Month 9

It’s been crazy how fast the year has gone and like many, I’ve realized that it hasn’t gone completely according to plan. My international trips have once again been curtailed but I’ve seen more of the countryside and traveled to some of the local spots near me. I’ve confirmed I officially like sushi and I now low key regret spending 28 years being a vegetarian. However, it gave me a great foundation for healthy eating and I’m glad for that. This year I’ve also developed more discipline in taking care of myself and taking both fitness and business seriously. It’s been eye opening to discover new ways of thinking and to hear the perspectives of others. There’s so much going on in the world today that seems incredibly polarizing and I’ve seen how fragile human relationships can be when there is seemingly a conflict of values. Time flies when you’re having fun, but also when you’re just working a lot.

The New Year

As always, my goal for the new year is to write more consistently than I have in the past. Thankfully I got an early start last year as I got the opportunity to write some articles on mental health. However, as I’ve continued to learn and work in the field I’m seeing the value of placing my thoughts on paper or rather typing it out on my phone. I’ve bought more books, focused on growing my private practice and taken a more intentional approach on learning more about relationships. Last year took everyone by surprise and like most, I found myself having to make some significant adjustments. However, one small mercy was that I was already working from home to a large extent so it wasn’t as difficult to transition. This year I want to invest in myself and in my relationships and take the time to enjoy the present. I want to be more consistent in self care and give myself the same grace that I give others.

A new year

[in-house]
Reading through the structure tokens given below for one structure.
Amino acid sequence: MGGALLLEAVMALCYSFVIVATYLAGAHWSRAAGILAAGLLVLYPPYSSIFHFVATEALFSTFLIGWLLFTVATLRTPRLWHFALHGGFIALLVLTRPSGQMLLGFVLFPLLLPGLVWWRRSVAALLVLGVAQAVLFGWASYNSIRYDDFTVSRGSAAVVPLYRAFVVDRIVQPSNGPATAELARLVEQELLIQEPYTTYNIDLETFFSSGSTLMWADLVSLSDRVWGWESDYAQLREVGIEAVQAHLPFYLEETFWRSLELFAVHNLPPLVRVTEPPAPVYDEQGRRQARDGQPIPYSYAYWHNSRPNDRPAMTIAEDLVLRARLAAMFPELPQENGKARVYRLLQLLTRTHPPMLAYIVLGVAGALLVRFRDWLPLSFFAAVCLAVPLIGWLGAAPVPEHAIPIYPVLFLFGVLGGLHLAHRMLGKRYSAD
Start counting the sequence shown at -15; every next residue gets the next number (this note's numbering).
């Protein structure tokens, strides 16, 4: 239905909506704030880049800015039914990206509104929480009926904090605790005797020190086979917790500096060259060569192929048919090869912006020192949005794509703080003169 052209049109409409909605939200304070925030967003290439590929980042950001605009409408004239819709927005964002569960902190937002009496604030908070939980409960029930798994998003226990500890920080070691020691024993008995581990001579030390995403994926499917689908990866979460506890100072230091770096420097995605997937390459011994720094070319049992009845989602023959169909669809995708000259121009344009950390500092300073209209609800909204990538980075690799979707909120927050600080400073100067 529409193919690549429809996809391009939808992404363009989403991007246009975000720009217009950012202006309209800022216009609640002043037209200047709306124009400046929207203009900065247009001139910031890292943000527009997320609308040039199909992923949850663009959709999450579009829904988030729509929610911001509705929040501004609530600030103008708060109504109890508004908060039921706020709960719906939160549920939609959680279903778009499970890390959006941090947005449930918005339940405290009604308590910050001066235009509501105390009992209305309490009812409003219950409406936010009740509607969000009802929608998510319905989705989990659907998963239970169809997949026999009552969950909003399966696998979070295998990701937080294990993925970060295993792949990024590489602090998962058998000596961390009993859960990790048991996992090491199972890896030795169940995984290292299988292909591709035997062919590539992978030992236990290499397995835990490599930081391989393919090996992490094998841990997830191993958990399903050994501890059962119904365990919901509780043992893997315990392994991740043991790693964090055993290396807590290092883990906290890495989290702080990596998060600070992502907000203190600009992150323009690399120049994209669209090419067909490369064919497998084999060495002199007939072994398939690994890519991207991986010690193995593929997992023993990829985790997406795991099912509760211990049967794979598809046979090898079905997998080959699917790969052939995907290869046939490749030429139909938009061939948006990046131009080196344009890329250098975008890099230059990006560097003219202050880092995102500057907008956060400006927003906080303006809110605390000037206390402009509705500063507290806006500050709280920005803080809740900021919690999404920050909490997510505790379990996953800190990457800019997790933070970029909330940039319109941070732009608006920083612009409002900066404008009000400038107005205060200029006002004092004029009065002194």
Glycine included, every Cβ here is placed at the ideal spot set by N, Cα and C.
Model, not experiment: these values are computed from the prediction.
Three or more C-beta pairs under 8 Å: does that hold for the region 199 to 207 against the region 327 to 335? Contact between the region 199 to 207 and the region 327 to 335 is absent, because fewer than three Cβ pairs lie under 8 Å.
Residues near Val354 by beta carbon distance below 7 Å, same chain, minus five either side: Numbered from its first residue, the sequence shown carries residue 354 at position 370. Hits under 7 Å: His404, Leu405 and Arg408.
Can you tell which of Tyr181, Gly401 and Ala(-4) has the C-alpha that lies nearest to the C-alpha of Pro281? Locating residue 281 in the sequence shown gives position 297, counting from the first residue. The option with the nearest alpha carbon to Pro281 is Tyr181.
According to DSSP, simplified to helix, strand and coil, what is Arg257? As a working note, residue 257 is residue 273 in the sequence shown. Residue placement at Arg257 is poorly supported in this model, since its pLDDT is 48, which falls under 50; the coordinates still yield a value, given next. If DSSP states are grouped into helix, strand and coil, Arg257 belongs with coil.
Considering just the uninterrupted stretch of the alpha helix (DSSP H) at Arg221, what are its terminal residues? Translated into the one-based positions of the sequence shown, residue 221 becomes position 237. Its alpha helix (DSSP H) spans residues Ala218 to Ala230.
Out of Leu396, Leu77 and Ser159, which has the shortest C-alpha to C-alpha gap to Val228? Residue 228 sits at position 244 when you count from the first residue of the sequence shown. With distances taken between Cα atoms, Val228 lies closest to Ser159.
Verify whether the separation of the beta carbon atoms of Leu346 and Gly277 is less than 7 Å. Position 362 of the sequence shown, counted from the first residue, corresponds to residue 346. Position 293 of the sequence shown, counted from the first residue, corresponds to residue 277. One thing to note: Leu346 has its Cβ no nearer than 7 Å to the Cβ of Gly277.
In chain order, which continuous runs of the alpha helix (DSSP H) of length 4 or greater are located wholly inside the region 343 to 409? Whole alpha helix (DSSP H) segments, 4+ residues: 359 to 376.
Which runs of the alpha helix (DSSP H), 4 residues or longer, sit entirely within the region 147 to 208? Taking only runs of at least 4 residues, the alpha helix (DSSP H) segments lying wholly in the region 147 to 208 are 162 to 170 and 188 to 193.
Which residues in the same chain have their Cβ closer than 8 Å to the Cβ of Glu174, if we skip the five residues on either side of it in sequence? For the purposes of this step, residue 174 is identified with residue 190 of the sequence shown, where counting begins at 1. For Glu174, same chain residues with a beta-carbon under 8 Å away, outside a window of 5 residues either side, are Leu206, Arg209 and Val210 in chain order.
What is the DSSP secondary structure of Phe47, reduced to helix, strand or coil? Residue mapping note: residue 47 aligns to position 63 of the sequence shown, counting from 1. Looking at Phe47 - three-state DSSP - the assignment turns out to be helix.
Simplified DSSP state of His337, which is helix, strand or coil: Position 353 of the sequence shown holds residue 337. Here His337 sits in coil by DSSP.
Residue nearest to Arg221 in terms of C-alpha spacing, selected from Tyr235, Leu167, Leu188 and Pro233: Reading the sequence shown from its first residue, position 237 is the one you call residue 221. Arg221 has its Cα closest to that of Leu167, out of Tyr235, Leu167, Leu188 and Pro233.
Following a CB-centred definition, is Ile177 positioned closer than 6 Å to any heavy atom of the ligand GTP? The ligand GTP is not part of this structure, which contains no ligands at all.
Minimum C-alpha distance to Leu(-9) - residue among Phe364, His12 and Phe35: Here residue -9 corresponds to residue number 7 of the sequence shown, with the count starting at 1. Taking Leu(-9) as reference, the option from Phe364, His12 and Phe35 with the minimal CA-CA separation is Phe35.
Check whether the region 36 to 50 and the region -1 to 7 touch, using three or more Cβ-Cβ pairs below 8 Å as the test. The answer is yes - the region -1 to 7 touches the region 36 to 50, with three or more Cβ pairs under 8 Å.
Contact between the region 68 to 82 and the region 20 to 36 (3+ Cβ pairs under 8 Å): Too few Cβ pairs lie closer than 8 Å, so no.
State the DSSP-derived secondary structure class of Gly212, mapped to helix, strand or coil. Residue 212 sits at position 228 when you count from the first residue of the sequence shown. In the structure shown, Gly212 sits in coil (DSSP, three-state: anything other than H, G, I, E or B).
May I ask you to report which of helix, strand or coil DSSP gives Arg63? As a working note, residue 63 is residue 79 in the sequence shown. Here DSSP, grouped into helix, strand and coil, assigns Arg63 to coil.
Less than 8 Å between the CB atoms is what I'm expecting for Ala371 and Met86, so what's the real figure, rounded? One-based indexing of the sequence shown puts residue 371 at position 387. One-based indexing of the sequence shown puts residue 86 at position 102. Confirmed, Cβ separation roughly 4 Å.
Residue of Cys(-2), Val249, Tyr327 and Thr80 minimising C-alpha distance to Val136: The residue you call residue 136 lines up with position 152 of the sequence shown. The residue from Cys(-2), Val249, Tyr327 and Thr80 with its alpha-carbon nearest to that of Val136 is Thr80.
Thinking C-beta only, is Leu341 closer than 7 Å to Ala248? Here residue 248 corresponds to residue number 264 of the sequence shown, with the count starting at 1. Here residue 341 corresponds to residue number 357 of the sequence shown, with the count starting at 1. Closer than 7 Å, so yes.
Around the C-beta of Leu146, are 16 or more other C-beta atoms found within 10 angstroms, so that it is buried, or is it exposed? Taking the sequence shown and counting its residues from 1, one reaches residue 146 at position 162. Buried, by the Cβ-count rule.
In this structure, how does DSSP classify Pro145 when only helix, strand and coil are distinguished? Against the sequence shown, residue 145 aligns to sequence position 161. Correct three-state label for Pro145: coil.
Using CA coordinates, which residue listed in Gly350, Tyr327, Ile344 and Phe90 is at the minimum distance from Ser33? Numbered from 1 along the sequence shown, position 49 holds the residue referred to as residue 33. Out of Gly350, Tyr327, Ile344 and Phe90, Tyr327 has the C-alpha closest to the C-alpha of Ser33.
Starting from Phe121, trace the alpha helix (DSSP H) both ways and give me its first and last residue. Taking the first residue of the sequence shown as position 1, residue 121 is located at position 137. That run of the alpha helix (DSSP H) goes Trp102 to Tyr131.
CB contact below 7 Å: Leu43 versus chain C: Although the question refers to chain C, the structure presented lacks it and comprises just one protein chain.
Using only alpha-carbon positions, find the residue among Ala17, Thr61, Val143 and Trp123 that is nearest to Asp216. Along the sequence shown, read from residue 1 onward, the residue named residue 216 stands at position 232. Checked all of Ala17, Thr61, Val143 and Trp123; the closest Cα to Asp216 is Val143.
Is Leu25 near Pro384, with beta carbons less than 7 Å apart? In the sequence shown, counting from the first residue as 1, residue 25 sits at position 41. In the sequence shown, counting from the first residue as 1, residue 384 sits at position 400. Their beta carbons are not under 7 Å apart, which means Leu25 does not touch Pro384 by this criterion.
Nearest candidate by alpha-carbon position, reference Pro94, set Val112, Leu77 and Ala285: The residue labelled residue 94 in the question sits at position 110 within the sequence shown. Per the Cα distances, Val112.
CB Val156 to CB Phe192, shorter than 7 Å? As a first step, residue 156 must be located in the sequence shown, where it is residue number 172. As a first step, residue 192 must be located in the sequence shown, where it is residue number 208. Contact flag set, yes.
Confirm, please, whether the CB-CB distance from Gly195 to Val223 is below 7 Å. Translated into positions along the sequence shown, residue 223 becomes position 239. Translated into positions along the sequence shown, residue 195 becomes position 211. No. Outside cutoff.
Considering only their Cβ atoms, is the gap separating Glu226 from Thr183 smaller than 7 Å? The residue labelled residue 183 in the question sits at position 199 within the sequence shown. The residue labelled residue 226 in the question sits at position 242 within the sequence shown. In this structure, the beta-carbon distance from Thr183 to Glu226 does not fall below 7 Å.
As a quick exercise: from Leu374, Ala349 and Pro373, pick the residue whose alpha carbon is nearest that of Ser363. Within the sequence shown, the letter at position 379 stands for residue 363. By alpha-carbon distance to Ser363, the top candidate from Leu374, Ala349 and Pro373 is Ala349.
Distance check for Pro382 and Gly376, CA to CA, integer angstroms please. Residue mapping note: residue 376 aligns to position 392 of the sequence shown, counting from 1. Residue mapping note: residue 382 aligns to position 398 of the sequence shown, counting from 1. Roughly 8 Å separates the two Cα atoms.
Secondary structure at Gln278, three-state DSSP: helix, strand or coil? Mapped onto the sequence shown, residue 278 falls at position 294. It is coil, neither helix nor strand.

I’ve said a few times but it really is funny how quickly time goes by. I recently celebrated another year of life and I reflected on how much had changed since my last birthday. I brought in last year on a Caribbean cruise. I chilled on the beach in St. Maarten and took an excursion on St. John. This year was different. It was much more low key and consisted of great conversation, food and quality time with my boyfriend. I’m healthier than I was last year and overall I feel like I’m more balanced. My professional goals are still present but they are also better aligned with my personal goals and plan to improve my work life balance. This past year I traveled a little bit but most of my time was spent in the gym. I did a quick trip to Spain, continued doing some contract work and ultimately decided that I didn’t like the idea of a perpetual 40 hour work week. There’s been ups and downs but through it all I’m grateful for another year.

Staying Sane

This has been a rough year for millions of people and it can be hard to be optimistic and see the silver lining. A lot of people are working remotely and while it’s great in preventing infection, it can be incredibly isolating. Living and working in the same space just isn’t ideal. But here are some tips to help you cope with 2020 blues.

1. Get centered

I admit that I’ve never been one to recommend mindfulness but that’s changed since I started incorporating various practices into my life. Guided meditation, yoga, and visualization practices can do wonders for helping you to manage depression and anxiety. Many times anxiety tends to be centered around what has happened in the past or something you’re worried about in the future. Staying in the here and now can help to put things in perspective and to consciously gently challenge some of the negative automatic thoughts that precede anxiety.

2. Do something